7 Ways to Make Your Meetings More Efficient

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7 Ways to Make Your Meetings More EfficientAre you tired of having less than efficient meetings?

Meetings should be places where ideas are discussed, plans are made, items are voted upon, and where things get done.

If you’re not seeing any of the above in your meetings, chances are, your meetings are in need of an efficiency overhaul.

In this post, I offer seven simple ways you can make your meetings more efficient.   

Create a meeting agenda.

A meeting agenda is an absolute must for any meeting, as it will direct how the meeting is run.

Before you create an agenda, you should identify the goals of your meeting.

What do you want to accomplish by holding a meeting?

What large and small goals do you want to reach?   

When you do create your agenda, make sure you include agenda items, as well as time references for each item.

This will help you better manage the flow of the meeting, and ensure it will end when it is supposed to end.

Follow the meeting agenda.

Here’s a riddle for you: what good are instructions if you don’t follow them? Not very helpful!

Purposefully ignoring an agenda is almost as bad as not having an agenda in the first place.

If you don’t follow your agenda, your meeting has the potential to go dangerously go off topic, waste loads of time, and turn into an unruly scene.

Once you’ve created a meeting agenda, follow it to the letter. Doing so will help you stay on track.

Invite the right people.

Inviting everyone and anyone to a meeting does not make a meeting more important, or productive. In reality, it only gums up the works.

Make sure you are inviting only those people who actually need to be at the meeting.

When it comes to selecting people for your meeting, think about whether or not they’ll actually have something to add to the meeting in terms of information, feedback, decision-making, and the like.

Of course, if the meeting is a presentation, make sure the attendees are those who absolutely need to know what is being presented.   

Get serious about punctuality.

We’ve all got busy schedules, but that’s no excuse for lateness. Make it clear to meeting attendees that the meeting will start and end on time.

You might have to remind people that if they arrive to the meeting on time, they can leave on time. That’s not a bad deal, now is it?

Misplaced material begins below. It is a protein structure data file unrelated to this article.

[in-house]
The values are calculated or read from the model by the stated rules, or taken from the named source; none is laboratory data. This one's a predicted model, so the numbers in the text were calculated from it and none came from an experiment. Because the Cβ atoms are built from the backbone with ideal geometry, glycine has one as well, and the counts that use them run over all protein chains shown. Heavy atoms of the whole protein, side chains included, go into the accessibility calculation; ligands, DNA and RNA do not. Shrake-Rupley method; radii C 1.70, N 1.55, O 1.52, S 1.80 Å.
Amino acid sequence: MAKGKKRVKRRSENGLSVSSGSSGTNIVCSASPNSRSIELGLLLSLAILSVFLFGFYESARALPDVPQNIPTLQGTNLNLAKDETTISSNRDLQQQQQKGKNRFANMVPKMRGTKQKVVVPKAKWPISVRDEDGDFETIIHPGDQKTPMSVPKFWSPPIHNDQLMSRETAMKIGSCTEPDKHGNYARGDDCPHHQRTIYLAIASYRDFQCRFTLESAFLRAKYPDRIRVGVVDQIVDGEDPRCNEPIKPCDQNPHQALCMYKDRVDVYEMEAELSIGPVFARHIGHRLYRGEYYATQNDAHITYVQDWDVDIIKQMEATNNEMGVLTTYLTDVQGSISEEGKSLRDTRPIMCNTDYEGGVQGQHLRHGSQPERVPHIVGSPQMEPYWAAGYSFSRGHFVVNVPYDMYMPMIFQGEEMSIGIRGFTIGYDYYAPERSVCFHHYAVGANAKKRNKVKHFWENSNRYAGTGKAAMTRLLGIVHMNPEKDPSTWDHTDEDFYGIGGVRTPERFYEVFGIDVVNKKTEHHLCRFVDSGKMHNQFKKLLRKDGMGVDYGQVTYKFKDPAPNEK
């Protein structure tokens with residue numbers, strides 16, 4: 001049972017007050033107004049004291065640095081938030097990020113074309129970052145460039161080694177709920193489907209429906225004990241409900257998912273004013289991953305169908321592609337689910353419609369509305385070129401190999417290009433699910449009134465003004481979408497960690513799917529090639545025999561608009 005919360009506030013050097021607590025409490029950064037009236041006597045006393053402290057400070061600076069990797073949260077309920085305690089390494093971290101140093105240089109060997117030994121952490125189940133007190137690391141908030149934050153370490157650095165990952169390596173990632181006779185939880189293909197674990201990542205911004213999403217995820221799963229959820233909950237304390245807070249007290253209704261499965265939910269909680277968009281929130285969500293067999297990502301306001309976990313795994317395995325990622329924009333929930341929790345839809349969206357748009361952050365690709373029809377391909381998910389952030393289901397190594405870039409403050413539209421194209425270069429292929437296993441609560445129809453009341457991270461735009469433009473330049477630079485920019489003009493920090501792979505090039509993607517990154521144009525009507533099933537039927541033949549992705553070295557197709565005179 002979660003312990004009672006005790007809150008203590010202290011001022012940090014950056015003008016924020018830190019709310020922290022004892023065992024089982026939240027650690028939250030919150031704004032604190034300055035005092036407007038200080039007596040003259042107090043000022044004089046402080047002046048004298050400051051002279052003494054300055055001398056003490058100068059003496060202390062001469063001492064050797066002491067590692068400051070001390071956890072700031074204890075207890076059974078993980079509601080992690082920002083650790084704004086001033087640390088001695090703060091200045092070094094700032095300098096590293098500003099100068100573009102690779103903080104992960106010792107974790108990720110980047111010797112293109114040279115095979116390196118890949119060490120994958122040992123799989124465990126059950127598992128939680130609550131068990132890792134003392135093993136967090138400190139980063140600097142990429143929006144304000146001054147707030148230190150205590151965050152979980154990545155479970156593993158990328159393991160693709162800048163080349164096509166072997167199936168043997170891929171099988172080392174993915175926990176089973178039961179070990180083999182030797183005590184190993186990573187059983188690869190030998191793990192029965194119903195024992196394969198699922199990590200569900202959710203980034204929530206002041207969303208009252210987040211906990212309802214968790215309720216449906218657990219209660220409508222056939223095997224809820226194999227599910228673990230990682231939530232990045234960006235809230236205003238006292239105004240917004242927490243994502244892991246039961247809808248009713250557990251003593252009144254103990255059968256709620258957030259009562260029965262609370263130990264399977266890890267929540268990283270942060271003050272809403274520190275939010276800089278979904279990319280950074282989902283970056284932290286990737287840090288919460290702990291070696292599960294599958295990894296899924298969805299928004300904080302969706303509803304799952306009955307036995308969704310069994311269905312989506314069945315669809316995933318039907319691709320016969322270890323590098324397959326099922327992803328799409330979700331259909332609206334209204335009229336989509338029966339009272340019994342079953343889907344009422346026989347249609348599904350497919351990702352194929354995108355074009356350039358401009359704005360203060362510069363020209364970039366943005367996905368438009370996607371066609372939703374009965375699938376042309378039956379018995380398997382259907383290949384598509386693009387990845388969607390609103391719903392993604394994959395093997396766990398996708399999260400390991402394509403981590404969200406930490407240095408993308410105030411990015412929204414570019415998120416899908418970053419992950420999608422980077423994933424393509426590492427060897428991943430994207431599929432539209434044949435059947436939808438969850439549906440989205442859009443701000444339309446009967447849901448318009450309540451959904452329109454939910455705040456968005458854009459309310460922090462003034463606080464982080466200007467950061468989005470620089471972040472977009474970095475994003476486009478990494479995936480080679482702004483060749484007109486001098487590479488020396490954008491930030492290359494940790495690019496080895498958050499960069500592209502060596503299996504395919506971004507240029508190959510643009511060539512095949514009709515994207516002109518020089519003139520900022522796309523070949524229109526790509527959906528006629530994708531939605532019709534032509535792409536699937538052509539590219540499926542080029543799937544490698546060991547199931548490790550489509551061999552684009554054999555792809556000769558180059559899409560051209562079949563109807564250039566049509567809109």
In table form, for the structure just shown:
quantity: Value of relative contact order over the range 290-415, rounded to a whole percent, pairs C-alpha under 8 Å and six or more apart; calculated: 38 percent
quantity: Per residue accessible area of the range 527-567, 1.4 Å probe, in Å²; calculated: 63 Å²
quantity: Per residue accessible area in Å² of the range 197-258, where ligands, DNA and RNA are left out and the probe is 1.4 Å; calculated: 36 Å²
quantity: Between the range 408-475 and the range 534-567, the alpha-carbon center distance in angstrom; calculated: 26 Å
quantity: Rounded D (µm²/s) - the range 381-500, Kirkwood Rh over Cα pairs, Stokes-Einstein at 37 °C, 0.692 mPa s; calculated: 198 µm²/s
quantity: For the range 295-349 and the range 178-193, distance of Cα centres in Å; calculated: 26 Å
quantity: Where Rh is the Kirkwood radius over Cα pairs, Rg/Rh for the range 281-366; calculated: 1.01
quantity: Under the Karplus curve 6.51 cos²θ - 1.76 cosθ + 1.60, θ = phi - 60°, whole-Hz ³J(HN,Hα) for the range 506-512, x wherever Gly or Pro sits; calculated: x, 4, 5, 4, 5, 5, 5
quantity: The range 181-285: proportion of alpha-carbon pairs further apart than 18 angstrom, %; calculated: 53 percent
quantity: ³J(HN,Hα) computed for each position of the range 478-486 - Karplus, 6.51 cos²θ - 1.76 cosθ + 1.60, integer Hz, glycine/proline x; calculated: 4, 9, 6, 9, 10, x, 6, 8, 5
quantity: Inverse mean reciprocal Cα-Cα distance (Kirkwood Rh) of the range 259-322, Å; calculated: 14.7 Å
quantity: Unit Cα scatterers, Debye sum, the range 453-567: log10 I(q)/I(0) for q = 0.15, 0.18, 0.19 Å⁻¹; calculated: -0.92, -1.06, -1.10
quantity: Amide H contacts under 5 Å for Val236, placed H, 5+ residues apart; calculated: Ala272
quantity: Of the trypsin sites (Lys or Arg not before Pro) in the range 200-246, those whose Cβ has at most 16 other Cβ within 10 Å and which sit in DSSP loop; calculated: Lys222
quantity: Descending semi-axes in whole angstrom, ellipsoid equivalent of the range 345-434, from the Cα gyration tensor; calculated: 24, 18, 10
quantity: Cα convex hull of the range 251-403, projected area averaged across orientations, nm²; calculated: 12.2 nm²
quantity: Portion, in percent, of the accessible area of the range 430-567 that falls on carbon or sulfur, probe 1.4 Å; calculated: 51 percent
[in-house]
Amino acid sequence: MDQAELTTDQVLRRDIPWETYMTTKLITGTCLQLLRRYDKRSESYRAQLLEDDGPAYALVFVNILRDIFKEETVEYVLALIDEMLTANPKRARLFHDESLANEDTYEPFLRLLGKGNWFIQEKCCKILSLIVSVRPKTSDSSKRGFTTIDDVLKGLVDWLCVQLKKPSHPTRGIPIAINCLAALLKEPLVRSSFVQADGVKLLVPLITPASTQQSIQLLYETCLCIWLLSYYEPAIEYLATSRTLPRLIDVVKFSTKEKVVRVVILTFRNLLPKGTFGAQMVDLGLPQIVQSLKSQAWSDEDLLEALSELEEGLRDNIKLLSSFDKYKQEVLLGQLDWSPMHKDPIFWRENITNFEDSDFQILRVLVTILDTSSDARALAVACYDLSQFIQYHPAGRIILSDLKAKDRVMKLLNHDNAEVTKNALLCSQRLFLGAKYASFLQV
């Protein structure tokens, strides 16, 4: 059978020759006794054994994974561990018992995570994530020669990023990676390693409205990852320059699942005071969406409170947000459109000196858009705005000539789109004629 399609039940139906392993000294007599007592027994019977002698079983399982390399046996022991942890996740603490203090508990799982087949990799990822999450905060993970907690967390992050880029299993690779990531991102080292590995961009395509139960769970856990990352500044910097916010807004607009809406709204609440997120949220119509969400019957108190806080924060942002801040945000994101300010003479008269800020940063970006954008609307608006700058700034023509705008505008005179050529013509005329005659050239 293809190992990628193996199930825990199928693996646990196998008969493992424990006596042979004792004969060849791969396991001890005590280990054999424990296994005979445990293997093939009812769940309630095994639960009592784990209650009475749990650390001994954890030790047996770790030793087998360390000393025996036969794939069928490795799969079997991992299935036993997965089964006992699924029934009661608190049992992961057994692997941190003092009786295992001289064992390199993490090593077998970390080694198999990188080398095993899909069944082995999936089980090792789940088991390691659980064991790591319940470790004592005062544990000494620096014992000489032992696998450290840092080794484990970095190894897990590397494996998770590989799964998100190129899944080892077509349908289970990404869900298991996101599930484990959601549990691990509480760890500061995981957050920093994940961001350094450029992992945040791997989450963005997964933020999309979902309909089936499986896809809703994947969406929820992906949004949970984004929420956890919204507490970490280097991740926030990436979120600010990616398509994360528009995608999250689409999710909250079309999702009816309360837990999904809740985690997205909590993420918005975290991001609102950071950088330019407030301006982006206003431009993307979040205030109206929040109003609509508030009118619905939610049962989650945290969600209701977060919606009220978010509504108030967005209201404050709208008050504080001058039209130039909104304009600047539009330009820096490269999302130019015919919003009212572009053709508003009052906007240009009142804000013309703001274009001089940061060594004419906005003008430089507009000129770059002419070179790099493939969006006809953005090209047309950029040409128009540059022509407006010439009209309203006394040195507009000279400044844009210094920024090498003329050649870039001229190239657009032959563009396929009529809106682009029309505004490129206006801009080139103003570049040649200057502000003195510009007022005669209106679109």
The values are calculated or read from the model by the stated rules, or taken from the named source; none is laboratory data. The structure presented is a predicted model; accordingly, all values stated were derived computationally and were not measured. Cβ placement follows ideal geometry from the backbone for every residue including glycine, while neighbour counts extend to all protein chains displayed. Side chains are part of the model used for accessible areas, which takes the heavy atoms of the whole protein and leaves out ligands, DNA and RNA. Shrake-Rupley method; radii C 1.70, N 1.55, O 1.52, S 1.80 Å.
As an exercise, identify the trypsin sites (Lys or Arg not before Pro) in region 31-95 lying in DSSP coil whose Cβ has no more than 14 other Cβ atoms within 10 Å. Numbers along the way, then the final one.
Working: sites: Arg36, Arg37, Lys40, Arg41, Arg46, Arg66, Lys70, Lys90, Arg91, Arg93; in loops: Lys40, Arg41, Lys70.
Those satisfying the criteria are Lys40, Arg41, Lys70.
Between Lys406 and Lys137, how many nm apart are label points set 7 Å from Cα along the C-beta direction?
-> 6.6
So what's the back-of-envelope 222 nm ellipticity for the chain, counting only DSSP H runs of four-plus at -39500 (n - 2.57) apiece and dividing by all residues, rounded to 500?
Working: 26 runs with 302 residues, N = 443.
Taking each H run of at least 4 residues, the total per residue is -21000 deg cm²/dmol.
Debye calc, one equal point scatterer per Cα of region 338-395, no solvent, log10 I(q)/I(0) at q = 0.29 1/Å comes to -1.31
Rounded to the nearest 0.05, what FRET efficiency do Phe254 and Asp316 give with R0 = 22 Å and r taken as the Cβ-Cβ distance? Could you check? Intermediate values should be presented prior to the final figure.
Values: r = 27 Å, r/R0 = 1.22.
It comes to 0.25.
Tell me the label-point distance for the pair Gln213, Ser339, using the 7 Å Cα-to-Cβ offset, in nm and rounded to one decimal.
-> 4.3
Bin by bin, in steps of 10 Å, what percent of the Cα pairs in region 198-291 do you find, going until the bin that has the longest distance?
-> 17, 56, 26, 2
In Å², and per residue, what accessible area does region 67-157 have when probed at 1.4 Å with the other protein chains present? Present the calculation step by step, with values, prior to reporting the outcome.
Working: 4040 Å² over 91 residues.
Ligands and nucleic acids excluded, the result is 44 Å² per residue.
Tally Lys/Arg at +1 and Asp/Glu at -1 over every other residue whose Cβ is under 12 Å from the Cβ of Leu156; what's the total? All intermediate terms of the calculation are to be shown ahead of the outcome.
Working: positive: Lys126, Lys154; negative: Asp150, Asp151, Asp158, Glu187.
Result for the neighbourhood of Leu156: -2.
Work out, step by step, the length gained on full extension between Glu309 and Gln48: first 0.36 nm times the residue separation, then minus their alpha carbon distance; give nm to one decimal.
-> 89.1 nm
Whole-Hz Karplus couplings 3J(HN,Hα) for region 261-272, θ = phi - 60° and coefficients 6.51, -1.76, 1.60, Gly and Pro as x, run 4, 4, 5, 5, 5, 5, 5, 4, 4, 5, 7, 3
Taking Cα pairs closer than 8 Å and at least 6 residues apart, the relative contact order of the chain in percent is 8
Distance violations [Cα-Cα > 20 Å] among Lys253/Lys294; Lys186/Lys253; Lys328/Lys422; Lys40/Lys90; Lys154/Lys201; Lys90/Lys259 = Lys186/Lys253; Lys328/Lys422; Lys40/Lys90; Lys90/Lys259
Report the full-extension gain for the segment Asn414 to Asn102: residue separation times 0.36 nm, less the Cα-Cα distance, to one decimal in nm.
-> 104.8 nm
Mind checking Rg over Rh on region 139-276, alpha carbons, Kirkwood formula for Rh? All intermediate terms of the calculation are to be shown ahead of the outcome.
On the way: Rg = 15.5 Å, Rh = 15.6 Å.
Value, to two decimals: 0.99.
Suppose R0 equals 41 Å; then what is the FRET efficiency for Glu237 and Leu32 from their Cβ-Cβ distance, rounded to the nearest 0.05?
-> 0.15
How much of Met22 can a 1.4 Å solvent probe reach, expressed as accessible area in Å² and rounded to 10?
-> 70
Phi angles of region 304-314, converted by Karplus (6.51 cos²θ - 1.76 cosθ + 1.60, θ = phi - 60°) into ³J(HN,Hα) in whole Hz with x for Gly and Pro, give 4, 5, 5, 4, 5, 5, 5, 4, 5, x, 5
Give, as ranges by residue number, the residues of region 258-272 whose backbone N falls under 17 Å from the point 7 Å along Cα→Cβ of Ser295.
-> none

Designate a meeting leader.

A meeting leader is the person who will direct the meeting, from start to finish.

It is their job to lead the meeting according to the items listed in the agenda. They make sure meeting topics are discussed, items are noted, side conversations are halted, and that the meeting proceeds as scheduled.

Having more than one meeting leader can make things more complicated than they need to be, so consider giving the meeting leader role to a single person.    

Place a ban on electronic devices.

Ask meeting attendees to temporarily switch off or turn off their cell phones, tablets, or laptops. The idea here is to eliminate distractions, so the meeting can take place, and end in a timely fashion.

After all, you asked people to join the meeting, and not to sit there fiddling with their phones or tablets! The meeting will be over soon enough.

Keep the meeting table clear.

The last thing you need at a meeting are unnecessary distractions. Having fewer items on the table will allow attendees to better focus on the meeting itself.

Ask meeting participants to remove everything that isn’t necessary for the meeting from the meeting table. This includes bags, briefcases, stacks of papers, books, and other ephemera.

How about you? Are you interested in running more efficient meetings? Which of these tips do you currently use, or will soon put into practice? Join the conversation and leave a comment below!

Follow Rashelle:
Rashelle Isip is a New York City-based professional organizer and productivity consultant who helps people get organized so they can stress less, have more fun, and be happier at home. Her work has been featured in Good Housekeeping, Fast Company, Cosmopolitan, The Washington Post, Business Insider, and The Atlantic. Get access to her free guide, 10 Simple Ways to Make Your To-Do Lists More Effective, by clicking here.